One would argue, does it matter that you can’t remember since your code works and the acceptance test pass? Simply create a new story that changes the behavior and work through the behavioral aspects of the new story. To that statement I would answer, it depends. ;-) To save time in a modeling session we revisit older models to understand the changes to new enhancements. Some features are so huge that they were comprised of 30 stories or more to complete. At times we had to figure out why certain functionality was behaving a certain way and looked to the old story cards to provide us detail on the value aspects of the feature. How often did we do this…maybe once an iteration. Was the return on looking up the old stories that high? Sometimes. Did it help? Yes!

    The side effect to this is that it generates traceability for me! Yes selfish me!! LOL and your right Scott no one specifically told me that I have to map the stories in the source code to do this. For me it just makes sense. The ability to capture the inception of the behavioral context of the domain is huge. So your hat is safe. 

    Having said that, you could just as easily wrap the constructs of the story narratives and behavior within a standard Unit test as most BDD practitioners are doing today.

  4. Joe Ocampo says:

    @Geovanny
    Thanks for the comment. Just like children growing up is hard to do.

    Contestation is a great when it comes to Agile because it causes us to think and make certain what we are doing is sound and valuable. I understand Scott’s concern having been on the evangelistic band wagon for a while it is harder to undo misunderstood concepts than it is to bring forth new ones. TDD has served the Agile community for quiet sometime and has proven to be an invaluable practice. We as a community have to be very cautious that the values of Red, Green, Refactor that lead to a supple design, persist in any new Agile endeavor.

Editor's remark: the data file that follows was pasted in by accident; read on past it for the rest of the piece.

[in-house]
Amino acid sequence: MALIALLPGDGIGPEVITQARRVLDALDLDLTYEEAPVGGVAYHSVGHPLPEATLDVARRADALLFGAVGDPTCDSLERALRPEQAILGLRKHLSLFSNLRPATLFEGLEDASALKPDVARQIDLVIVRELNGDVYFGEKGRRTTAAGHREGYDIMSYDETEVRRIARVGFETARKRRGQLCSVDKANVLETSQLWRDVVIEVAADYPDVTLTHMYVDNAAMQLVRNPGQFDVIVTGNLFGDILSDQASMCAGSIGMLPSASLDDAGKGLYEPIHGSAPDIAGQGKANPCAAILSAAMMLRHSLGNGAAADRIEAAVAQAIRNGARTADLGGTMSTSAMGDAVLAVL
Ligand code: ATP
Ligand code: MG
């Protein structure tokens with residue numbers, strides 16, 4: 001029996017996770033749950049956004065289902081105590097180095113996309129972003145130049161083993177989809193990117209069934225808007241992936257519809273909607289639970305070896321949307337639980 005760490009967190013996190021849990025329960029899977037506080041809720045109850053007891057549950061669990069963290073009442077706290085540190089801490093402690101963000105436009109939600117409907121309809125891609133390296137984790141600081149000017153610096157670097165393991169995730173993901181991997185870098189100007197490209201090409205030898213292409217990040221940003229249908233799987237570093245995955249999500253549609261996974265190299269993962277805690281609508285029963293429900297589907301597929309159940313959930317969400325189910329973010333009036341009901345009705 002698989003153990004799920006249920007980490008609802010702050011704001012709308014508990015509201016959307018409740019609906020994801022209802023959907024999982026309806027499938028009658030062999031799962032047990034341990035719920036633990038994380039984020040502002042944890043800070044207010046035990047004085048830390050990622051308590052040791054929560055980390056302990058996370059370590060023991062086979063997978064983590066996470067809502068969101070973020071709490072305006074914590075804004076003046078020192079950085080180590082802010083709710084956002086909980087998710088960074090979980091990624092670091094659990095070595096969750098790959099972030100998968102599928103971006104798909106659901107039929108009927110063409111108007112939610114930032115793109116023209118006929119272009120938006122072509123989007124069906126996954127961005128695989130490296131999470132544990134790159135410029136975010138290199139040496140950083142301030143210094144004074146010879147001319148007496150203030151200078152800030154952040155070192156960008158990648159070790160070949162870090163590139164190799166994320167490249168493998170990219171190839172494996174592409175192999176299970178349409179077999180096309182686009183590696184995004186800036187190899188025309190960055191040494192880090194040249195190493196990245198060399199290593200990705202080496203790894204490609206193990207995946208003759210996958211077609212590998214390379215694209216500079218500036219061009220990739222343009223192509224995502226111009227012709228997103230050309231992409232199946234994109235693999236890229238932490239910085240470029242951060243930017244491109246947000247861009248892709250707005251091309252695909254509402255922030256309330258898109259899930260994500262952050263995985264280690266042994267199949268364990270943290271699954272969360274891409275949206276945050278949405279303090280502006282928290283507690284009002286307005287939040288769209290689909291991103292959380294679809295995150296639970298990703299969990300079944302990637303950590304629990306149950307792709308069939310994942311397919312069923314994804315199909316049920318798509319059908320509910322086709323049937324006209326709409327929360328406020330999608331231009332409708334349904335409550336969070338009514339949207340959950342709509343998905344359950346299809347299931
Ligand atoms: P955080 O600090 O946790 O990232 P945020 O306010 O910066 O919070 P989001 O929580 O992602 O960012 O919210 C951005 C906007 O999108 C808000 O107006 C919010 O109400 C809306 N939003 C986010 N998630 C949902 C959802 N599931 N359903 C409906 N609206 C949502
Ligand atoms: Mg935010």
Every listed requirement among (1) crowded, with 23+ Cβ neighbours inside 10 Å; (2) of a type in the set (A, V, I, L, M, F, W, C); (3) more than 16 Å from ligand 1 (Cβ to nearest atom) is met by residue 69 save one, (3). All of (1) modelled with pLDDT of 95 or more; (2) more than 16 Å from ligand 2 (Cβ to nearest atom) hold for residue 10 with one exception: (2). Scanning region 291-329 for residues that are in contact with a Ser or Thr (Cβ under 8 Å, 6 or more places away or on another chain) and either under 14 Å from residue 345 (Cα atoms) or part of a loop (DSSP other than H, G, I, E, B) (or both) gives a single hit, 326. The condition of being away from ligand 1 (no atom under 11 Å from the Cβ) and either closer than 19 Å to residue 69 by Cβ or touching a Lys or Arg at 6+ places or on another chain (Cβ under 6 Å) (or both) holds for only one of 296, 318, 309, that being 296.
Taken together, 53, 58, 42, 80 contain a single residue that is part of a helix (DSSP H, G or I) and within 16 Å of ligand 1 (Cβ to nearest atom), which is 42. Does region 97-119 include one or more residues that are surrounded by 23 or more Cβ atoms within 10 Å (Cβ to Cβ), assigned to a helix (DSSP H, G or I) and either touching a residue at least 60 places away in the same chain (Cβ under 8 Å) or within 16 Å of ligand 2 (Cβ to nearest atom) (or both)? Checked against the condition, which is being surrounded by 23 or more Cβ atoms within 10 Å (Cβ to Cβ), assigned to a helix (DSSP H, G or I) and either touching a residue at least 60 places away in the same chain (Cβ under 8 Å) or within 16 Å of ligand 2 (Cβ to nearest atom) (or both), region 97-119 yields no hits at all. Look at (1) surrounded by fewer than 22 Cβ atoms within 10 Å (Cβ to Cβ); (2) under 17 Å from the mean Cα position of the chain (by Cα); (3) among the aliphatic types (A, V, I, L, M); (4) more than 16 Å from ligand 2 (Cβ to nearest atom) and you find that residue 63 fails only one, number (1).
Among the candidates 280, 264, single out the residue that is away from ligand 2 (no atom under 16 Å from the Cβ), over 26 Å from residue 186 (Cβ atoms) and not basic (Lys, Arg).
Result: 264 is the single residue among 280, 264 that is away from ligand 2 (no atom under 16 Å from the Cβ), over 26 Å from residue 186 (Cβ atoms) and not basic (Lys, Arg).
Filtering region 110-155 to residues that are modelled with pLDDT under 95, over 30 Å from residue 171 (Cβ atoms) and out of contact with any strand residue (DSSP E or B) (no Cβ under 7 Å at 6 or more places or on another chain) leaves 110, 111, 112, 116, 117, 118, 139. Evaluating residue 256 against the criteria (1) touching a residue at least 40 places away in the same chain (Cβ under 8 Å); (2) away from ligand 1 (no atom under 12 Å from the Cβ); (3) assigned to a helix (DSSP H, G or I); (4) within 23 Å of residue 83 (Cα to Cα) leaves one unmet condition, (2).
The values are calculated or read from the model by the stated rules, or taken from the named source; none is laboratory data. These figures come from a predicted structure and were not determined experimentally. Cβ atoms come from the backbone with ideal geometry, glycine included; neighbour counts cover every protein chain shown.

Courage is one of values of eXtreme Programming and is often executed in a number of ways. But even beyond XP, courage I believe is founding principle of Agile as any practioner can attest too. Stretching the boundaries of software engineering requires great courage but an equaling harmonizing principle is Humility which I value much higher than courage. Learning to balance both is an art form in and of its self.

  5. Colin Jack says:

    I personally think being able to see why the domain models behavior is the way it is could be very useful, even if it isn’t I think the NBehave style of testing is a good way of helping you focus some of your testing effort on the externally visible behavior of the domain.